During the presidential campaign, Donald Trump railed against the establishment and policies he vowed to radically change. Immigration – build a wall. Abortion – punish women. Climate change – a hoax. Affordable Care Act – repeal it. Trade agreements – renegotiate.

Many advocacy organizations rely on federal funding that Trump and the Republican controlled congress can affect. For liberal organizations, such as those, which promote reproductive rights, environmental stewardship, and fair and humane immigration policies, it is critical to be on alert as these are areas about which candidate Trump was very vocal.

Following Trump’s stunning Election Day victory, DC’s advocacy organizations quickly huddled among themselves to figure out what a Trump Administration means to their causes. Many groups are scrambling to understand the new world order. Meanwhile, some leaders emerged with a brave face. Some privately rationalized that it would be “okay” and that Trump would moderate his stances.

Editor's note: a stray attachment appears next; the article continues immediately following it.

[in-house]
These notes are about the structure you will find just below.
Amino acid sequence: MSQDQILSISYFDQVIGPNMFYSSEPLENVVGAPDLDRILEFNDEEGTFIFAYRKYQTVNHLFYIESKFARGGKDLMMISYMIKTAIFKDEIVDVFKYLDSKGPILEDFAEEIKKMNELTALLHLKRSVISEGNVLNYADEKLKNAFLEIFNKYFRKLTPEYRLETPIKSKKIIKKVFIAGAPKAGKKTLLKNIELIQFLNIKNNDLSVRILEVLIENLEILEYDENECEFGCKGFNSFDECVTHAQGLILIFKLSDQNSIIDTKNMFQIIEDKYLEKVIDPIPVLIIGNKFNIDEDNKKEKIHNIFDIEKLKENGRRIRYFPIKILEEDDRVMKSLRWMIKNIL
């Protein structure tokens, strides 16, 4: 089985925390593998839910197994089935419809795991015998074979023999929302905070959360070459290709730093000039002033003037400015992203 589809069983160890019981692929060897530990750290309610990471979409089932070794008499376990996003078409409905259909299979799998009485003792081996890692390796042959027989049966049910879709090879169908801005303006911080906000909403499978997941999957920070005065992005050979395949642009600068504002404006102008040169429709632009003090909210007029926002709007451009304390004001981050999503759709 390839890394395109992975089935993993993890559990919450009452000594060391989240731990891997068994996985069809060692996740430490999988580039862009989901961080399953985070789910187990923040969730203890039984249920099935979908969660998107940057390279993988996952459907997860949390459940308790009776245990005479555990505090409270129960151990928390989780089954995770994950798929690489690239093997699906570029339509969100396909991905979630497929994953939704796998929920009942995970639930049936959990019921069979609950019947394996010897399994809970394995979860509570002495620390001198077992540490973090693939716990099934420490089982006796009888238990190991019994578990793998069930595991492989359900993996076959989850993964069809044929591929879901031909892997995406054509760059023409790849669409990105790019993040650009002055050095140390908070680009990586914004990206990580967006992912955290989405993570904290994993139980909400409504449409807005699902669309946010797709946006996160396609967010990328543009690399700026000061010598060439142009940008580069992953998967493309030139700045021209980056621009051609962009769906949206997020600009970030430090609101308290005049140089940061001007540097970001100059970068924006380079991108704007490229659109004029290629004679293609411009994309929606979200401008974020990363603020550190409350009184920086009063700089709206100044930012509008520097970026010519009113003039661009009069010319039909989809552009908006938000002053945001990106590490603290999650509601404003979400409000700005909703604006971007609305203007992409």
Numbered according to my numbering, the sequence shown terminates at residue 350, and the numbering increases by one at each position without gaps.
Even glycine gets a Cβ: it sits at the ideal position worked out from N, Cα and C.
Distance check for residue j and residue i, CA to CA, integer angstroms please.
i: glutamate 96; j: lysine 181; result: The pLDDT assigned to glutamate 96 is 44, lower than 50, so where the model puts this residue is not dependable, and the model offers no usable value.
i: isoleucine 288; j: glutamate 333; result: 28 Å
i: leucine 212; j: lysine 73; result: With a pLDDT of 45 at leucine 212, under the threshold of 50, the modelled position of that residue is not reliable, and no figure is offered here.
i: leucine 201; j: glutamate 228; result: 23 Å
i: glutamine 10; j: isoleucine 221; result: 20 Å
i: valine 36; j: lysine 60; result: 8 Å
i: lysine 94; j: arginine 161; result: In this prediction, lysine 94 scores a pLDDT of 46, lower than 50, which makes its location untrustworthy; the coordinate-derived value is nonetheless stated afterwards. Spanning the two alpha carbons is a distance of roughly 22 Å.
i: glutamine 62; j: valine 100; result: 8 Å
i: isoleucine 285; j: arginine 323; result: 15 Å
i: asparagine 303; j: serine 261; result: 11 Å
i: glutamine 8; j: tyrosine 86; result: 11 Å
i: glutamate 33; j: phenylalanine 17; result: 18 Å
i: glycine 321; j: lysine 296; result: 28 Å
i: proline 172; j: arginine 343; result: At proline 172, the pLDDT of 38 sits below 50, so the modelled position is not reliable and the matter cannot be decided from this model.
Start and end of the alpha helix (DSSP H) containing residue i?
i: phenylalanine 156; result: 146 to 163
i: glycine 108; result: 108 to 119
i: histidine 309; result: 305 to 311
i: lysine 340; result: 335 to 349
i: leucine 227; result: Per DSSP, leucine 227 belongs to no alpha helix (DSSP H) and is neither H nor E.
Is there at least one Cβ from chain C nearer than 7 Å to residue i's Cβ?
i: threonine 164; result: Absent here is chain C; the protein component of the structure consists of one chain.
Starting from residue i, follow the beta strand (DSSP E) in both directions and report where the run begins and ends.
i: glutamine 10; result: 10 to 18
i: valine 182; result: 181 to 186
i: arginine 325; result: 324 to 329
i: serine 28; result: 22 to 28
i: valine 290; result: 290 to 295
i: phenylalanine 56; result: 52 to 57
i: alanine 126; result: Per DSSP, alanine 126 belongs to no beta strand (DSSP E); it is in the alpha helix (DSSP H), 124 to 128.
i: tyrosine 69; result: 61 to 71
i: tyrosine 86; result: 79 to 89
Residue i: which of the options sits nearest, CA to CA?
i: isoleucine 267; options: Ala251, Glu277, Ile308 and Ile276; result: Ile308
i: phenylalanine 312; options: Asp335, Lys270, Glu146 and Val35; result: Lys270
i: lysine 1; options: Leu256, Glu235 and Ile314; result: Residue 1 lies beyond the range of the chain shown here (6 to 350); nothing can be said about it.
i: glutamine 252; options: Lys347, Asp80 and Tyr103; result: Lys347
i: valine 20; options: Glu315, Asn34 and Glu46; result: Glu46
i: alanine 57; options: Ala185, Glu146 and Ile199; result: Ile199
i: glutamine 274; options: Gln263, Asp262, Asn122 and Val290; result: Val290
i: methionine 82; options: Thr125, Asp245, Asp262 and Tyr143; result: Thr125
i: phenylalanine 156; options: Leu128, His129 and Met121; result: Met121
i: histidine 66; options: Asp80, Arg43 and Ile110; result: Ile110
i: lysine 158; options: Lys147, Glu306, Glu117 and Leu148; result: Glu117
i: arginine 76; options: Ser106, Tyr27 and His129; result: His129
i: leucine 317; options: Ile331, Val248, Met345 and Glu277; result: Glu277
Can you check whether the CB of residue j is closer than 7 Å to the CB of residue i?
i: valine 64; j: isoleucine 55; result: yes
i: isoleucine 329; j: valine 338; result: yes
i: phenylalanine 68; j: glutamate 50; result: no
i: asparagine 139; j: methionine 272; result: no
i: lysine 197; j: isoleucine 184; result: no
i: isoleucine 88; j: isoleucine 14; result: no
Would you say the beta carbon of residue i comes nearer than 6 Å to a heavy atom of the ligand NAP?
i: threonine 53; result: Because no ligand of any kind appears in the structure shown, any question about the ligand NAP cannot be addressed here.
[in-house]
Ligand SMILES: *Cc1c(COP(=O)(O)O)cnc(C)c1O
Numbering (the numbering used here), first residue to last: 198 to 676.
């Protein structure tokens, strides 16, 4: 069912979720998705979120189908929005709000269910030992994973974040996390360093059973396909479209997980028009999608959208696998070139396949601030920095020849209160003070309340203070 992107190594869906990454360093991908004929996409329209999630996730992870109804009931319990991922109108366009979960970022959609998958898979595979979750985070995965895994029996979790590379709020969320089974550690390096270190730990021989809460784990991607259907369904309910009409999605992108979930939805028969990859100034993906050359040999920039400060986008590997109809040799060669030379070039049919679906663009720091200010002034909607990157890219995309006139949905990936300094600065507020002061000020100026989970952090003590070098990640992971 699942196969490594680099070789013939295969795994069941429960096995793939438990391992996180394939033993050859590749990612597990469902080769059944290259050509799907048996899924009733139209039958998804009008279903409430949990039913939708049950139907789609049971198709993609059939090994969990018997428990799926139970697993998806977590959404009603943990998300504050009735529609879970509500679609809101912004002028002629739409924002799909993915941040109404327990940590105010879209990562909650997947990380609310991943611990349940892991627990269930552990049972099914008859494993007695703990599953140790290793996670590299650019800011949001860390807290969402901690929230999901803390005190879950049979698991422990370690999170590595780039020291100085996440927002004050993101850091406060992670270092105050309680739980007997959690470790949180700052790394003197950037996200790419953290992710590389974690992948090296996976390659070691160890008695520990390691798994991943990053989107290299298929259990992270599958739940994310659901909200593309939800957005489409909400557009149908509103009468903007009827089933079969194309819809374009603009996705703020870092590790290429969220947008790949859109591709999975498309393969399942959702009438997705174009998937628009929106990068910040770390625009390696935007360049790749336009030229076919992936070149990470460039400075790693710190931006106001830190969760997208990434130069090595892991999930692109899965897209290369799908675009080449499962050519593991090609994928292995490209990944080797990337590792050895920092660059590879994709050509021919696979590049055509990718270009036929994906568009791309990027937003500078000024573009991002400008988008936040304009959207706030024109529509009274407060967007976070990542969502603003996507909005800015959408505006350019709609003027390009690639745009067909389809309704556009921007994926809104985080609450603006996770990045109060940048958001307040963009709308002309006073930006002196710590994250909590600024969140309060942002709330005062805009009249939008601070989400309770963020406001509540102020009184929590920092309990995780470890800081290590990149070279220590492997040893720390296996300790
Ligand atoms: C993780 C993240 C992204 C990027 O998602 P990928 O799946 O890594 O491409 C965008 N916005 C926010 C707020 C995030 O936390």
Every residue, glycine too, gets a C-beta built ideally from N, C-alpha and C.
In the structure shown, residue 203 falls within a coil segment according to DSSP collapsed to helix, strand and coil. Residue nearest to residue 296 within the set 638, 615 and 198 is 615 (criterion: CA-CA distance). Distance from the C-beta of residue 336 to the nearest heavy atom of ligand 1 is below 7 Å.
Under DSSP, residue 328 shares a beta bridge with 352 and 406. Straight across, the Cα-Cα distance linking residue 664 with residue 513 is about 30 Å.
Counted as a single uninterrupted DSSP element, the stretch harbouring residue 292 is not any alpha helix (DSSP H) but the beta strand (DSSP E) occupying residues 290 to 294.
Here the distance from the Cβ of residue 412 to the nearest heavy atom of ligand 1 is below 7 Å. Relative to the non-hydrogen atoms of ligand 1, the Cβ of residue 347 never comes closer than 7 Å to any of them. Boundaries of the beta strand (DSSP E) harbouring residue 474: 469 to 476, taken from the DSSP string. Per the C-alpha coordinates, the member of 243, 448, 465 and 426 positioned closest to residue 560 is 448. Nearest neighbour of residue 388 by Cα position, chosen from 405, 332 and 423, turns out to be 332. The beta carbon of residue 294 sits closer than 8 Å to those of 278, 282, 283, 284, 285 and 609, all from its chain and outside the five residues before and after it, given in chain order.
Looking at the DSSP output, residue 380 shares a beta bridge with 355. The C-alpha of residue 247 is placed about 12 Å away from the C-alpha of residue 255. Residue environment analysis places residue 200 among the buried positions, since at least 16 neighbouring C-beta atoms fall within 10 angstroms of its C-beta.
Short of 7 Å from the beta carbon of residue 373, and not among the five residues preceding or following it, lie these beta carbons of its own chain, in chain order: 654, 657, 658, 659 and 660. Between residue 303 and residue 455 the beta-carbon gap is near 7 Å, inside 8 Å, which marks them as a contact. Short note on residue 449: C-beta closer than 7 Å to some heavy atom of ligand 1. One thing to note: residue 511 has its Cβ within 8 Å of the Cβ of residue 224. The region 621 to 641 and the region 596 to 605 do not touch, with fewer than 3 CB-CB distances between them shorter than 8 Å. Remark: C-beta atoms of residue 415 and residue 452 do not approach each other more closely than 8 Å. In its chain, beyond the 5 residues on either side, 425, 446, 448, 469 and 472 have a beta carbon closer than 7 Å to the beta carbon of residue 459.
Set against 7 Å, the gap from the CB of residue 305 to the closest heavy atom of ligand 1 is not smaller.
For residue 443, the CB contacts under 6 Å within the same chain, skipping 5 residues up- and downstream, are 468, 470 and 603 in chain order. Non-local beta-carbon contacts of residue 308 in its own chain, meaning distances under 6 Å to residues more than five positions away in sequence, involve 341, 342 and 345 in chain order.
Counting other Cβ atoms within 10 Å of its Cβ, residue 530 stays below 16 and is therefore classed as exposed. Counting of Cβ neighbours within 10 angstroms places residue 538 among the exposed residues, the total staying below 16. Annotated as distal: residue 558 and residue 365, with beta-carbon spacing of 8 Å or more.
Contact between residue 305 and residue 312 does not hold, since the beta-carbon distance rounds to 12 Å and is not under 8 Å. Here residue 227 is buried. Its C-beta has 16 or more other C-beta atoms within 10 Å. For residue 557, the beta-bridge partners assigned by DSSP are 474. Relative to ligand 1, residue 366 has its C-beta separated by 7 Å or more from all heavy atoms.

Then Trump began announcing his cabinet picks.  One-by-one the news hit harder and harder for defenders of key social issues. Moderation simply is not a word associated with Trump.  His cabinet picks doubled-down on his campaign rhetoric.

Senator Jeff Sessions – Attorney General – is a conservative U.S. Senator from Alabama. Sessions has pledged to overhaul immigration. He was previously denied confirmation for a federal judgeship in 1986 – by a Republican-led Senate – because of racially charged comments he made.

Tom Price – Secretary, Health and Human Services – is a republican member of congress from Georgia and a surgeon who has led opposition to the Affordable Care Act. He wants to repeal the law and replace it with a plan that favors private health insurance companies. He introduced legislation that would deny government funding to health care plans that cover abortion.  He is also in favor of privatizing Medicare.

Betsy DeVos – Secretary, Education – is a billionaire education activist who is a staunch proponent of vouchers under the “school choice” slogan.  The idea diverts tens of millions of federal dollars to private schools.